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Handle HTTP validation Caching using If-* Headers

dev-master 2013-06-10 14:25 UTC

This package is auto-updated.

Last update: 2024-04-06 08:04:29 UTC


Note 1: This library is functionally similar to Symfony's built-in Validation Cacheing code. Specifically, Symfony handles Conditional GETs. This library also handles Concurrency Control. Both Conditional GETs and Concurrency Control paradigms use ETags or Last-Modified dates.

Note 2: I've re-written this library in an implementation I like better. See my ConditionalRequest library/package. This new package still encapsulates some business logic that Symfony's HttpCache package has, but builds on it a bit. Namely, both have Conditional GET support. ConditionalRequest also includes Concurrency Control using the same paradigms.

The Situation

Frameworks don't often give you tools to control HTTP caching, such as setting ETags or Last-Modified dates.


This package aims to give you cache control. It's goals are:

  1. Allow Validation Caching (using ETags with If-Match,If-None-Match, Last-Modified with If-Modified, If-Unmodified, and so on)
  2. Allow Expiration Caching (Using Expires, Last-Modified, Cache-Control and possibly Pragma headers)
  3. Help developers learn about HTTP and Caching, a topic which is often ignored


Build Status

This is a Composer package, available on Packagist.

To install it, edit your composer.json file and add:

    "require": {
        "fideloper/resourcecache": "dev-master"

If you are installing this into Laravel 4, you then need to add in the Service Provider. To do so, open up app/config/app.php, and add this entry with the other Service Providers.

# File: app/
'providers' => array(

    ...other providers...




There are two steps:

  1. Implementing the Resource interface (This is done for you if you're using Laravel 4)
  2. Using the ResourceRequest and ResourceResponse classes with your Resource

Implement a Resource Interface

This package contains a Request Interface and Response Interface. These should be implemented to your specific needs. For example, for Laravel 4, which uses Symfony Request/Response classes, I've created a Symfony implementation for each.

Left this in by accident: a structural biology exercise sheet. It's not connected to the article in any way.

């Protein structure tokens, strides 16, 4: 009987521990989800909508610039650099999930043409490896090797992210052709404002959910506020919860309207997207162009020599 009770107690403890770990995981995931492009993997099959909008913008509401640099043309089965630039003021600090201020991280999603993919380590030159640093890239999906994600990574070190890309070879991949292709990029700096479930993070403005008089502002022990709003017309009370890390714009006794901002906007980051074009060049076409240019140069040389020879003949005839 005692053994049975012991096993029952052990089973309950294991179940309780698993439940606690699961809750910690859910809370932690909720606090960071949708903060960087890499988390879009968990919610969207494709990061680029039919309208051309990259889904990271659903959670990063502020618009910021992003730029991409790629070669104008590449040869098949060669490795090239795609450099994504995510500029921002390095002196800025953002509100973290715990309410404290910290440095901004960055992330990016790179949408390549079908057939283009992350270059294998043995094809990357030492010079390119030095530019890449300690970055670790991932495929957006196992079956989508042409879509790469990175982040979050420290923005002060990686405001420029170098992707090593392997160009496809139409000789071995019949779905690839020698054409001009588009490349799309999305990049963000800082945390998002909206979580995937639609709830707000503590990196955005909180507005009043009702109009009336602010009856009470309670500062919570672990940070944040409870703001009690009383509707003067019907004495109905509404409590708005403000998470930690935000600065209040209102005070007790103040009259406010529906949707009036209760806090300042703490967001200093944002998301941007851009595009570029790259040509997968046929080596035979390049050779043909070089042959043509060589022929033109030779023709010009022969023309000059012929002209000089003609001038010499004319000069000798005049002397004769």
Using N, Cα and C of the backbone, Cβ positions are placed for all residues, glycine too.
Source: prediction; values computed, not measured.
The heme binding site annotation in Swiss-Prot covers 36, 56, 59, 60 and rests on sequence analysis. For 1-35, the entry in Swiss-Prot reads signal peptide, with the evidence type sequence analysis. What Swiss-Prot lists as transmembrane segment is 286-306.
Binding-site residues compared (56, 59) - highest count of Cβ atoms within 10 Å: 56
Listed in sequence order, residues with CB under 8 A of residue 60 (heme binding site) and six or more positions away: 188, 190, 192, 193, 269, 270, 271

You must implement:

  1. Fideloper\ResourceCache\Http\ResourceInterface
  2. Fideloper\ResourceCache\Http\ResponseInterface
  3. Fideloper\ResourceCache\Resource\ResourceInterface

Example implementations can be found in the wiki.

Using your Request/Response and Resource classes

Once you have an implementation put together, you can use them in your controller. You can see examples of that here.

Some Explanation

There are a few types of caching:

  1. In-app caching (Memcache, Redis, other memory stores)
  2. HTTP caching - gateway, proxy and private (aka browsers, and similar)

Making a response (web page, api-response, etc) cachable by third-parties is part of the HTTP cache mechanisms. Which cache mechanisms you use depends on your use case.

The HTTP spec defines 2 methods of HTTP caching:

  1. Validation - save bandwidth by not having an origin server reply with a full message body (header-only response)
  2. Expiration - to save round-trips to the origin server - a cache can potentially serve a response directly, saving the origin server from even knowing about the request

Validation caching, done with if-* headers (if-match, if-modified-since, and so forth) is useful for 2 things (most useful for an API, in my opinion).

  1. Conditional GET requests - a server can tell the request 'nothing has changed since you last checked'. This is good for mobile APIs where the bandwidth of re-sending a message body can be saved via conditional requests.
  2. Concurrency Control - in a POST or, more likely, PUT request, a server can check if the resource being updated was changed since the requester last checked (solves the Lost Update Problem). This is good for APIs with a lot of writes (updates) to resources.

Expiration caching, done with Expires, Cache-Control, Last-Modified and other headers, can aid in caching a response for the next user (or even for one specific user), saving your server(s) from some traffic load

  1. If you have a gateway cache such as Varnish, you can potentially cache responses to end points per user A gateway cache gives you a lot of cache control since its part of your stack.
  2. Setting your responses to being 'public' both in terms of cache control and authentication will allow Proxy caches to cache your site content
  3. Requests behind authentication and/or SSL are usually not cached. You may be able to with a gateway cache, or with a private cache (aka, your client can figure out caching based on your expiration headers).